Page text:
The queen of Sheba was likely from the area of Yemen in the southwest corner of Arabia. Her appearance in chapter nine helps to cap off the section on Solomon, which began with a reference to his greatness (note the mention of horses in chapter one and here) and ends that way here.
Of course, what is absent here is the observation about Solomon’s wives – how many he had and that they drew his heart away from God.
Why is it missing?
The Chronicler is interested in providing returning exiles a guide for successful leadership in Israel. He doesn’t refuse to list the negatives (remember David’s fiasco with the Ark of the Covenant and Solomon’s horses), but he elects to focus on the positives.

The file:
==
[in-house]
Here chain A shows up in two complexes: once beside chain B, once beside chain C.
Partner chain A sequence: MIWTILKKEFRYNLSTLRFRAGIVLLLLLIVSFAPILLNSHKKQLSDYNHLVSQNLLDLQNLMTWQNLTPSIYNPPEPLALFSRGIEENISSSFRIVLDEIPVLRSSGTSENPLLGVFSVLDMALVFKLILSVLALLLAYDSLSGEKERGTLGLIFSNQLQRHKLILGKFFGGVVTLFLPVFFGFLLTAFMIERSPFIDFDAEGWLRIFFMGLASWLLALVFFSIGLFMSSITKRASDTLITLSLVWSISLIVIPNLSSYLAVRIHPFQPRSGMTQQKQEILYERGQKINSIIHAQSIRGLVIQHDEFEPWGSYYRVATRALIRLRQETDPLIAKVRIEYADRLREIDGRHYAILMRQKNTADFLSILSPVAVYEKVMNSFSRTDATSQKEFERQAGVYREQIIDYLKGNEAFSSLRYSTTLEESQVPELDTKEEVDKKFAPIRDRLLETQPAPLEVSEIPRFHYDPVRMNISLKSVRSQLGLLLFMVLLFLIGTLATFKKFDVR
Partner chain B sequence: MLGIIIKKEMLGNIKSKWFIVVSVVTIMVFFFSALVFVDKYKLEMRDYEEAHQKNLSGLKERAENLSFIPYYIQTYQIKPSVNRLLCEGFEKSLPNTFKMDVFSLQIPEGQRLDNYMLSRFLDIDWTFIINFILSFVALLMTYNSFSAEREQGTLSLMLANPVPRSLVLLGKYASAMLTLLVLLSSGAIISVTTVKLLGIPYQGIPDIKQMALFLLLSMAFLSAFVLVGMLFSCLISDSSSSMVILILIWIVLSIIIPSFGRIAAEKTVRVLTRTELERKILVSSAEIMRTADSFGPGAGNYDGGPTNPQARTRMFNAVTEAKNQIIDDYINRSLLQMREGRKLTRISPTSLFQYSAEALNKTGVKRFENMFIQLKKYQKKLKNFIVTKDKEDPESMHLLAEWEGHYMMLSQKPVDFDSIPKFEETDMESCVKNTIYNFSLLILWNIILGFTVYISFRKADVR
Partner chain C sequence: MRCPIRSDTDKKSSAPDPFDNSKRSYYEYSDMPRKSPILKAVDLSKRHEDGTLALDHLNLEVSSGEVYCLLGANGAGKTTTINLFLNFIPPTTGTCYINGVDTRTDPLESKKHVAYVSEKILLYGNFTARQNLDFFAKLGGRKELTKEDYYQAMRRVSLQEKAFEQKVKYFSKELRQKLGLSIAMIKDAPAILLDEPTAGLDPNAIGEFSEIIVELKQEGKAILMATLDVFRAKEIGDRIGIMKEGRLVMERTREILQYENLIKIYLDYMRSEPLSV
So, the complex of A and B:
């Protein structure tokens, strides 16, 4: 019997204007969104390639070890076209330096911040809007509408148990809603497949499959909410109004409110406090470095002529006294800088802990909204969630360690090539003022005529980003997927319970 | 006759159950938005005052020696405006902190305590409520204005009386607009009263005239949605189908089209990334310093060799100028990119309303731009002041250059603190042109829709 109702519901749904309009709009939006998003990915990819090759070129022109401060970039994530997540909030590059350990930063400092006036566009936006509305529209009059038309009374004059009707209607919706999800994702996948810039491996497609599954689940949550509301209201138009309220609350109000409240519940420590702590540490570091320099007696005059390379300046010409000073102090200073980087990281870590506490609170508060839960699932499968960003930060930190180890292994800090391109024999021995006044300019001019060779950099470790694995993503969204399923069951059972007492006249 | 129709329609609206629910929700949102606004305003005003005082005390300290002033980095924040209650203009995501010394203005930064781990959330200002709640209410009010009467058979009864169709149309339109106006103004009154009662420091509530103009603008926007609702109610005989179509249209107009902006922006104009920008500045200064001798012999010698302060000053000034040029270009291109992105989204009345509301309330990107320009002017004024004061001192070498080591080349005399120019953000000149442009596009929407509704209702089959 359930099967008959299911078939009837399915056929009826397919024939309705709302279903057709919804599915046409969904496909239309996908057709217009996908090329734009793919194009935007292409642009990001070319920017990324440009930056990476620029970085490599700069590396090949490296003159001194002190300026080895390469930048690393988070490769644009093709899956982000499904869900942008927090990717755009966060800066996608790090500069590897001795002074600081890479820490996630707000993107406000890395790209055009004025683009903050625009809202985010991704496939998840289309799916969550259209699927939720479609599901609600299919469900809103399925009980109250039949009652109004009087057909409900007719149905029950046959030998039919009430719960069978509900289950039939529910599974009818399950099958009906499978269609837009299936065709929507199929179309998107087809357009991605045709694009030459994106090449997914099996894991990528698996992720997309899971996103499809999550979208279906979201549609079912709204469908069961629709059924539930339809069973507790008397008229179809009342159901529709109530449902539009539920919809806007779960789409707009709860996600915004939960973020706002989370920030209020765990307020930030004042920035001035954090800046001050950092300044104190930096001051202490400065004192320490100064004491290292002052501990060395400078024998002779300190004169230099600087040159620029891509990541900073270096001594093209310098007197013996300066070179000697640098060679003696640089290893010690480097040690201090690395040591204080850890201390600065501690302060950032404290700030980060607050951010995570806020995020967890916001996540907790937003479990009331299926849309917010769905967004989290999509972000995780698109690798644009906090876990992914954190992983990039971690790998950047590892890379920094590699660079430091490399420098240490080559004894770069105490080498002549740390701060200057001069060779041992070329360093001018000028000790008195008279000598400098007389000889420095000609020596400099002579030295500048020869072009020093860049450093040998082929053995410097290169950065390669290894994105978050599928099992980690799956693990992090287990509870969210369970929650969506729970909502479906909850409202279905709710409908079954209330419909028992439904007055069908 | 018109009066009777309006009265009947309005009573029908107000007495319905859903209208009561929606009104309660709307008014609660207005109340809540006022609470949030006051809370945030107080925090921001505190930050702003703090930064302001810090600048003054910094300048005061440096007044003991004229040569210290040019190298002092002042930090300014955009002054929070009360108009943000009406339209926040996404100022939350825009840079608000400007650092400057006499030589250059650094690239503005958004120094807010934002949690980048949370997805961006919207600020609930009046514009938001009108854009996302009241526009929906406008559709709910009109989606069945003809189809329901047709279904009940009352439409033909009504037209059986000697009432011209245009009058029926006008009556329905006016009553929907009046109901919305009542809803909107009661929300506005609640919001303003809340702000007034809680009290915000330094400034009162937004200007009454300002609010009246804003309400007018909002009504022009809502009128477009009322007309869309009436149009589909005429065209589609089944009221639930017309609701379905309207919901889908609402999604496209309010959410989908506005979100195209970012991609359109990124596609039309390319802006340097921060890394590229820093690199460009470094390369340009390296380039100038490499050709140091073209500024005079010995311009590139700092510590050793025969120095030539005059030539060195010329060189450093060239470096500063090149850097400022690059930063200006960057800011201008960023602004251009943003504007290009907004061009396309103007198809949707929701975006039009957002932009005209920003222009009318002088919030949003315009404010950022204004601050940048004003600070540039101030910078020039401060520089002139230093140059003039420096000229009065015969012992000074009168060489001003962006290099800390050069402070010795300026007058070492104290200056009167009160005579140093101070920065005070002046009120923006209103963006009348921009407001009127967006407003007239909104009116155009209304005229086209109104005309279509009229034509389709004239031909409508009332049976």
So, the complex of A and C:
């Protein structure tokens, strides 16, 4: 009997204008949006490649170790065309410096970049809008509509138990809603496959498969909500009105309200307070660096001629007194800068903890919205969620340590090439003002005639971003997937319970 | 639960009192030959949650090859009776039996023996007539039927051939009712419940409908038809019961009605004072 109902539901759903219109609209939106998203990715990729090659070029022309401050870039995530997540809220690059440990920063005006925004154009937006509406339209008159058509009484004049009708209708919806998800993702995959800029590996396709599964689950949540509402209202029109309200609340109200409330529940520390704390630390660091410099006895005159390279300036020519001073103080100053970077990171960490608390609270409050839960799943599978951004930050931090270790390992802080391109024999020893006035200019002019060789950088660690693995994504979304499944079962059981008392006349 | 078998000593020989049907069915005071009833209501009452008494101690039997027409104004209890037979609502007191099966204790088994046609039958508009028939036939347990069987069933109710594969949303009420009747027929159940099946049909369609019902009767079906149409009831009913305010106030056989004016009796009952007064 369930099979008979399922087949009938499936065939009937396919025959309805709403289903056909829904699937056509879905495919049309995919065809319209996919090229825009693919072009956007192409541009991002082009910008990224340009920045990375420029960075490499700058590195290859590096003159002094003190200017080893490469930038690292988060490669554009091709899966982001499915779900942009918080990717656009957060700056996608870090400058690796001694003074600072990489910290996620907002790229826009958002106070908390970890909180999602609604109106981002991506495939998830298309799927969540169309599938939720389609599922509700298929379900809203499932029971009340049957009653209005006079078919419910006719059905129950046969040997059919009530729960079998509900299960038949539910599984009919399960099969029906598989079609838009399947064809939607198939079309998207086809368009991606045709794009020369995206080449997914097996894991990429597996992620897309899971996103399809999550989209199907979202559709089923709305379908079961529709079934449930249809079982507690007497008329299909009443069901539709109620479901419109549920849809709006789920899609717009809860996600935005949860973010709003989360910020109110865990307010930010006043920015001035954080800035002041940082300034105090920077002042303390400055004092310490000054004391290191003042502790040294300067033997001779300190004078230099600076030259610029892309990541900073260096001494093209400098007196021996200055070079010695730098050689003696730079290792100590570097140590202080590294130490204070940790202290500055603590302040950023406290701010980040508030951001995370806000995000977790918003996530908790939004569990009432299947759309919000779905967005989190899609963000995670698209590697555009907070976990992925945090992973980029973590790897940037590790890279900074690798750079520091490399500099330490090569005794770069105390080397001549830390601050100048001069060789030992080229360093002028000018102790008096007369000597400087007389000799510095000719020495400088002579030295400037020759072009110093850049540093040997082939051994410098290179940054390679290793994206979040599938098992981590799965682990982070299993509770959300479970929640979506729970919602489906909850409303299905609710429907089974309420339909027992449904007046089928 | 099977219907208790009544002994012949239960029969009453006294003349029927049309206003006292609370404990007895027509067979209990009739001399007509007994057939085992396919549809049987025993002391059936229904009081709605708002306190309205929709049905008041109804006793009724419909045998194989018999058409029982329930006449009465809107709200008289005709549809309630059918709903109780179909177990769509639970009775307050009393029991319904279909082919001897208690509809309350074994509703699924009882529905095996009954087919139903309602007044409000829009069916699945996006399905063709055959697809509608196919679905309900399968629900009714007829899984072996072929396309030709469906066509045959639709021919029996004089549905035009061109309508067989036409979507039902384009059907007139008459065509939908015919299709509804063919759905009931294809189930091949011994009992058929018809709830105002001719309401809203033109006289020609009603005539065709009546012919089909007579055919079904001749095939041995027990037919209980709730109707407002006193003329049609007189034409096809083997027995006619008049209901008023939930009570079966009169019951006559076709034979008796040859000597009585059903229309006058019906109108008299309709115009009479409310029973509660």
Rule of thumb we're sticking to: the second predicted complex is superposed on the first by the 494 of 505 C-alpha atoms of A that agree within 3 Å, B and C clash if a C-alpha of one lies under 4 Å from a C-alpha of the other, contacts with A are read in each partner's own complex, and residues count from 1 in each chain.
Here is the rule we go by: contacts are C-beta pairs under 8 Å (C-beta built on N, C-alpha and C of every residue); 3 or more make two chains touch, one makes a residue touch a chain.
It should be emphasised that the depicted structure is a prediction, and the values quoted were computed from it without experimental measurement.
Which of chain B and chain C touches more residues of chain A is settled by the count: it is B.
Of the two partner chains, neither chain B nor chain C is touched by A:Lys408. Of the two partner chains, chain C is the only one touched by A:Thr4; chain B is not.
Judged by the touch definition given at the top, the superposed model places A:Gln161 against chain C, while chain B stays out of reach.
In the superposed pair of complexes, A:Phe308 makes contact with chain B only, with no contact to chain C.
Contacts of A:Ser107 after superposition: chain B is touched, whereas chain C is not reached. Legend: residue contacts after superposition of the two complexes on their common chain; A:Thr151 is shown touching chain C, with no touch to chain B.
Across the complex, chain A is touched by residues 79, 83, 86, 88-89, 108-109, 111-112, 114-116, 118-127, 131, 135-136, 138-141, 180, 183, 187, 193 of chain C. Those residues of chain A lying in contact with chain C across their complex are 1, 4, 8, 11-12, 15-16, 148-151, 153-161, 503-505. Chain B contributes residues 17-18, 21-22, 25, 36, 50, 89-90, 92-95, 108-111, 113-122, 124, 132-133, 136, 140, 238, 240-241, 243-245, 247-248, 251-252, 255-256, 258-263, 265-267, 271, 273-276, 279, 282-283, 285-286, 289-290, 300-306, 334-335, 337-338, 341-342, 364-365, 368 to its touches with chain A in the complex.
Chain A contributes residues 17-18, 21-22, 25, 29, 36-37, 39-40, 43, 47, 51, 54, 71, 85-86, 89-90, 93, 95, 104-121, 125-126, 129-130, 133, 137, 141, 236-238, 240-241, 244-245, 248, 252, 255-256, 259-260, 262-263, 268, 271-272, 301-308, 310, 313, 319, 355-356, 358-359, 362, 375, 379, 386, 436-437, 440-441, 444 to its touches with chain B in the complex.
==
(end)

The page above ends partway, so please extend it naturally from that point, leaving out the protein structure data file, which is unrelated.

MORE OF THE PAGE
David and Solomon, like us, wrestled with the commandments, but they did not turn against God. This is what will make the story of Rehoboam in chapter 12 such a turning point in the book. He abandons “the Law of the Lord.”
God understands spiritual struggle. He can be kind and patient in His discipline. But outright rebellion doesn’t play well with the Lord, as those who are reading the book for the first time will come to understand. Life with God is a struggle (remember Jacob?), but that’s not a problem. The problem comes when there is no longer a struggle.